By: Alyssa Murphree, April 12, 2017
“We’re all sources. What is reliable?”
This is the question asked at the beginning of the Fact or Fiction: Responsible Journalism and Becoming News Literate panel hosted by Delaware Valley University on April 5th. The special event leading up to the inauguration of our new president, Dr. Maria Gallo, welcomed two nationally esteemed journalists to the stage of the Life Science Building auditorium, CNN Senior Media Correspondent Brian Stelter and NPR Media Correspondent David Folkenflik.
The panel was based off of pre-determined questions and prompts in order to encourage the discussion of modern media literacy among the members on stage which included Stelter, Folkenflik, interim Dean of the School of Business and Humanities Dr. Tanya Casas, and English professors Dr. Jessica McCall and Dr. James O’Connor.
One of the primary topics of the panel revolved around a term we’ve been hearing quite often lately, “fake news”. Fake news is a story that’s actively designed to trick you and often takes shape in the form of clickbait news articles. It can be described as one piece of a spectrum of content, but unfortunately it falls into the worst end of that spectrum.
As anticipated, many comparisons were drawn to the most recent presidential election. This includes the events leading up to the election and the aftermath we are currently witnessing in the media due to the controversial nature of the Trump administration, as well as hot topics surrounding the decisions of the administration. In a powerful revelation made during the discussion, we analyzed the importance of what’s known as the “local angle” in news reporting. Many democrats were confident that Hillary Clinton would win the election, but that’s only because they were looking at the big picture, which in this case, did not do any good. Many politicians campaign in large U.S. cities such as New York and Washington D.C. where the concentration of votes is undoubtedly high and expected. This is also where the majority of news coverage regarding politics takes place. Small towns don’t usually make the cut in this equation. By losing the local angle, you lose the consensus of voters that still count, even though they slip through the cracks, and unfortunately under the news radar. Regarding Clinton’s loss of the election, many news outlets who lost that local angle say they never saw it coming. According to Stelter, “local news cutbacks have led to more distrust in the media.”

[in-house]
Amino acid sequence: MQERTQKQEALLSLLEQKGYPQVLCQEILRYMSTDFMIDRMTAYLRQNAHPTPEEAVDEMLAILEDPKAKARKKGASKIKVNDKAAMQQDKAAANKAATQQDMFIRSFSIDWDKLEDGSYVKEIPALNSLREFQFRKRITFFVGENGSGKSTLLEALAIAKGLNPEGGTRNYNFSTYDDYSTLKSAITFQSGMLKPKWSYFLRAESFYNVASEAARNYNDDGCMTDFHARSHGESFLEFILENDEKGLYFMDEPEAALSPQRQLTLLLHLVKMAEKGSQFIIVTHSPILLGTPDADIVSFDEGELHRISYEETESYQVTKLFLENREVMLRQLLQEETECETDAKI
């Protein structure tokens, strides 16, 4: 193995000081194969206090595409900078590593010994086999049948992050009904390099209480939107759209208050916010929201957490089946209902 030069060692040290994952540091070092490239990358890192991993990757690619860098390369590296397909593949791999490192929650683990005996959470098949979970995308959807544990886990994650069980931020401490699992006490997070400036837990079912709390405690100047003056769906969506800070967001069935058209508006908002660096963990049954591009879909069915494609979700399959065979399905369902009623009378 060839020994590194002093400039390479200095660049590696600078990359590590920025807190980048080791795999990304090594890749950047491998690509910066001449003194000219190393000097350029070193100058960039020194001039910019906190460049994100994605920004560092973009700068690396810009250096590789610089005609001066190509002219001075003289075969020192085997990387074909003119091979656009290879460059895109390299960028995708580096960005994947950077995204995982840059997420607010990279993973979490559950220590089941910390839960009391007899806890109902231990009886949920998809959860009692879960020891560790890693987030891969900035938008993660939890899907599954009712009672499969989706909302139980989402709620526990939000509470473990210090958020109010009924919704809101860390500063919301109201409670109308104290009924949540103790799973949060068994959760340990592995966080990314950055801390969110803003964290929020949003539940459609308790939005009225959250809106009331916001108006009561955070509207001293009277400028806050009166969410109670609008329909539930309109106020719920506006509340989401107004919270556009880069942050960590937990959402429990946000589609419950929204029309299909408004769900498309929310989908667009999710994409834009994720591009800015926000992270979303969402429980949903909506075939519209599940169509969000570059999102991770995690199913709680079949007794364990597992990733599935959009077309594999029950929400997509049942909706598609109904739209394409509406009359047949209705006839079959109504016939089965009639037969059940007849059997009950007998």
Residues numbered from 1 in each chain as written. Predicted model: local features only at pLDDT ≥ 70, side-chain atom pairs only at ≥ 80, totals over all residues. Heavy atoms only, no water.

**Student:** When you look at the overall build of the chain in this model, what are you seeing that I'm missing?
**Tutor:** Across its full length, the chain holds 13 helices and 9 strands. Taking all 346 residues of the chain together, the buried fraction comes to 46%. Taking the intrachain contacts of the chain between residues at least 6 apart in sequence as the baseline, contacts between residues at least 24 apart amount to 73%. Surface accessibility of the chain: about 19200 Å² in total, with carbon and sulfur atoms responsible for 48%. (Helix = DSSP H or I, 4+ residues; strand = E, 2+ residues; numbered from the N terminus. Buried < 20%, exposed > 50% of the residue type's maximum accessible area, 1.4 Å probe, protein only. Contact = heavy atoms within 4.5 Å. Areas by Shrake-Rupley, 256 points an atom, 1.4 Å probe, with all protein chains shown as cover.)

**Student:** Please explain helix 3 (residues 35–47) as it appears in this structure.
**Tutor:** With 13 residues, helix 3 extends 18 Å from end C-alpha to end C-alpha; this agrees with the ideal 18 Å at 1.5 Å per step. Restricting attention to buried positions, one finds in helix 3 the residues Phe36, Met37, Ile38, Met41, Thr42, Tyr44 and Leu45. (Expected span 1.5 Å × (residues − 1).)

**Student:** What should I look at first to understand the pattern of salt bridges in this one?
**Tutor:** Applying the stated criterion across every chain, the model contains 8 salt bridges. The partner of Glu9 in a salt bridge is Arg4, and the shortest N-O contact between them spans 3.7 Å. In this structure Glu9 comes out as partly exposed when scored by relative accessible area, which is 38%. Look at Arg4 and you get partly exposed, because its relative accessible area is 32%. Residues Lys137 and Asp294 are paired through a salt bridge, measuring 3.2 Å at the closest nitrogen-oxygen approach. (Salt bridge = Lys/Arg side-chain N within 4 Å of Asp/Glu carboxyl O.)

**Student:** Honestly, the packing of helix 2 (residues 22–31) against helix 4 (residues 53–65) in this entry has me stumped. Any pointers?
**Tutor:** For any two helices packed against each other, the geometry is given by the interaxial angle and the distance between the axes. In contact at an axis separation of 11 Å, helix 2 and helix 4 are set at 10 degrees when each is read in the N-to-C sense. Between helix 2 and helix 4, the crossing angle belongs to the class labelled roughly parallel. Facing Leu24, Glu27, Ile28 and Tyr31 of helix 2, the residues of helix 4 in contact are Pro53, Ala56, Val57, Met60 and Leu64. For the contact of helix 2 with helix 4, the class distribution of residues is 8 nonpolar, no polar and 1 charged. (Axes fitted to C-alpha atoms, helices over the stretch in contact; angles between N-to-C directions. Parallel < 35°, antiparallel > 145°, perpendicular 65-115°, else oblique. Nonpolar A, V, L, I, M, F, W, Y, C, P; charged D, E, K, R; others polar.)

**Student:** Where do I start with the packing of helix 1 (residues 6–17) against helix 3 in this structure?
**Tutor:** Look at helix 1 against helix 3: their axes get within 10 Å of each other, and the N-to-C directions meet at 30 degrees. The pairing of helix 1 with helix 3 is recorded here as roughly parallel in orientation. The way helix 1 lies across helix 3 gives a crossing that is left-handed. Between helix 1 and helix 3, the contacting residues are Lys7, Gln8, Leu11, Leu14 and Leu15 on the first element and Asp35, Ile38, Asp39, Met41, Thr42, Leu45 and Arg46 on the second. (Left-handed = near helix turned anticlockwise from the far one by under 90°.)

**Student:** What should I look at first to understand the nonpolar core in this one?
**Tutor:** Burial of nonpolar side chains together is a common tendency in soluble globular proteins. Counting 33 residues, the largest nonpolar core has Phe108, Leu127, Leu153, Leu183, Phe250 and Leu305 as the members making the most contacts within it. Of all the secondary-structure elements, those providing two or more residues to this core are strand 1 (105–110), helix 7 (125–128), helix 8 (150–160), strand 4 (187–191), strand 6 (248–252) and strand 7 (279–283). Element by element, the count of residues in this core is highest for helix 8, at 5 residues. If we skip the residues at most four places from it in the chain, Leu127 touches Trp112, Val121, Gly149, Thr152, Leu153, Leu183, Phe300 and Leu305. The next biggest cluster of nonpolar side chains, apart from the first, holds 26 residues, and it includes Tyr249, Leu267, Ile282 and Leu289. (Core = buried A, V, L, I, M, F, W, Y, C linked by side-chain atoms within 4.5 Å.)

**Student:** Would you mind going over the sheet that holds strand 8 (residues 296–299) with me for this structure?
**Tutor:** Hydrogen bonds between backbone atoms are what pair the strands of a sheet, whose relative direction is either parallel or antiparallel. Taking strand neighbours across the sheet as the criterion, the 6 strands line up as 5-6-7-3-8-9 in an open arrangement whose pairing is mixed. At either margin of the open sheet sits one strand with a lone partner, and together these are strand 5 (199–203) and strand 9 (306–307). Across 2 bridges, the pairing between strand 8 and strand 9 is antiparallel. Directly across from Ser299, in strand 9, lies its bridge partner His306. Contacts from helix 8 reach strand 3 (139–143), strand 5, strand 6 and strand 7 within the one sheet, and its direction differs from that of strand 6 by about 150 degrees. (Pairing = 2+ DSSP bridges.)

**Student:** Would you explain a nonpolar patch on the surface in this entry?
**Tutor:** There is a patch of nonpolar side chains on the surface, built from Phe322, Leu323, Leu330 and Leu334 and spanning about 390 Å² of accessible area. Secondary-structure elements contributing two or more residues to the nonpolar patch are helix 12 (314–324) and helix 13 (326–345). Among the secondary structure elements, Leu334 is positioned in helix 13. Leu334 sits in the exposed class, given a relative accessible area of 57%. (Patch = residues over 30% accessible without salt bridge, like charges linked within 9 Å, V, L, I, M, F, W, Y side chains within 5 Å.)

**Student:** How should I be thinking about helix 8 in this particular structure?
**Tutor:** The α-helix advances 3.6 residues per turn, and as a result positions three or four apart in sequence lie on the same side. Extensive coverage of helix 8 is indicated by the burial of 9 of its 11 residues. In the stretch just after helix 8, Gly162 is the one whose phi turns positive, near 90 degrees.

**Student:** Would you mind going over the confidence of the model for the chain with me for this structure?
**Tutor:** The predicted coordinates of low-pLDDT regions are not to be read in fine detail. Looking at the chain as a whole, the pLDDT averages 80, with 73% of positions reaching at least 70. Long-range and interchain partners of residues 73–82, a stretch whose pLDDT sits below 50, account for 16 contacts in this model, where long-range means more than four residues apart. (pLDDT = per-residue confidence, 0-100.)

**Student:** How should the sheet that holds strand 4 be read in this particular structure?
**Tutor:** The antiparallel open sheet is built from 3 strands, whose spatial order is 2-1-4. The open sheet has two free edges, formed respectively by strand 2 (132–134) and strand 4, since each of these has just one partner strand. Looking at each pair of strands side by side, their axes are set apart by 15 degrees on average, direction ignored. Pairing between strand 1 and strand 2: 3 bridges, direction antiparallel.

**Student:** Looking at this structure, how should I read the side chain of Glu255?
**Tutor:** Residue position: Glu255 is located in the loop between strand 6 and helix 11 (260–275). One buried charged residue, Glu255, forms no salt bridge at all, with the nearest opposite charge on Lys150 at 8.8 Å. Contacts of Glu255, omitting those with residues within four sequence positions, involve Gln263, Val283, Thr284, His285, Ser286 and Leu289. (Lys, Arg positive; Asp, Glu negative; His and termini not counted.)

This brings up another question, “how can you be seen as a reliable source?” Folkenflick said it is important to be fairminded, honest brokers of information. “In order to be an engaged member of society, you have to read from the other side,” he advised. This is important to recognize, especially when it comes to politics. Stelter said the key to gaining trust is by “taking the viewer on the journey with us” and that “local sources have the closest connection and are the most reliable.”
From local news to social media, the way we obtain news is constantly changing, and all parts of society need the ability to keep up. Our news consumption can have an effect on our morals and how we interact with others, so it is important to treat it as a priority in our lives rather than a small fragment. Collecting information from various sources is the best way to stay well informed, with an emphasis on obtaining facts from opposing sides. The way in which news is being shared through social media has allowed for constructive debate within the comment sections, which is beneficial in encouraging critical thinking in readers. Folkenflik says it is healthy to consume “a well-rounded news diet”. Either you gorge at a buffet, or you eat at a fine dining restaurant.
As the event comes to a close, our panelists say a few final words. Based on the topics discussed that night, the election, climate change, fake news, and clickbait, I believe Folkenflik says it best when he concludes with, “thank you Trump for the renaissance in fact checking.”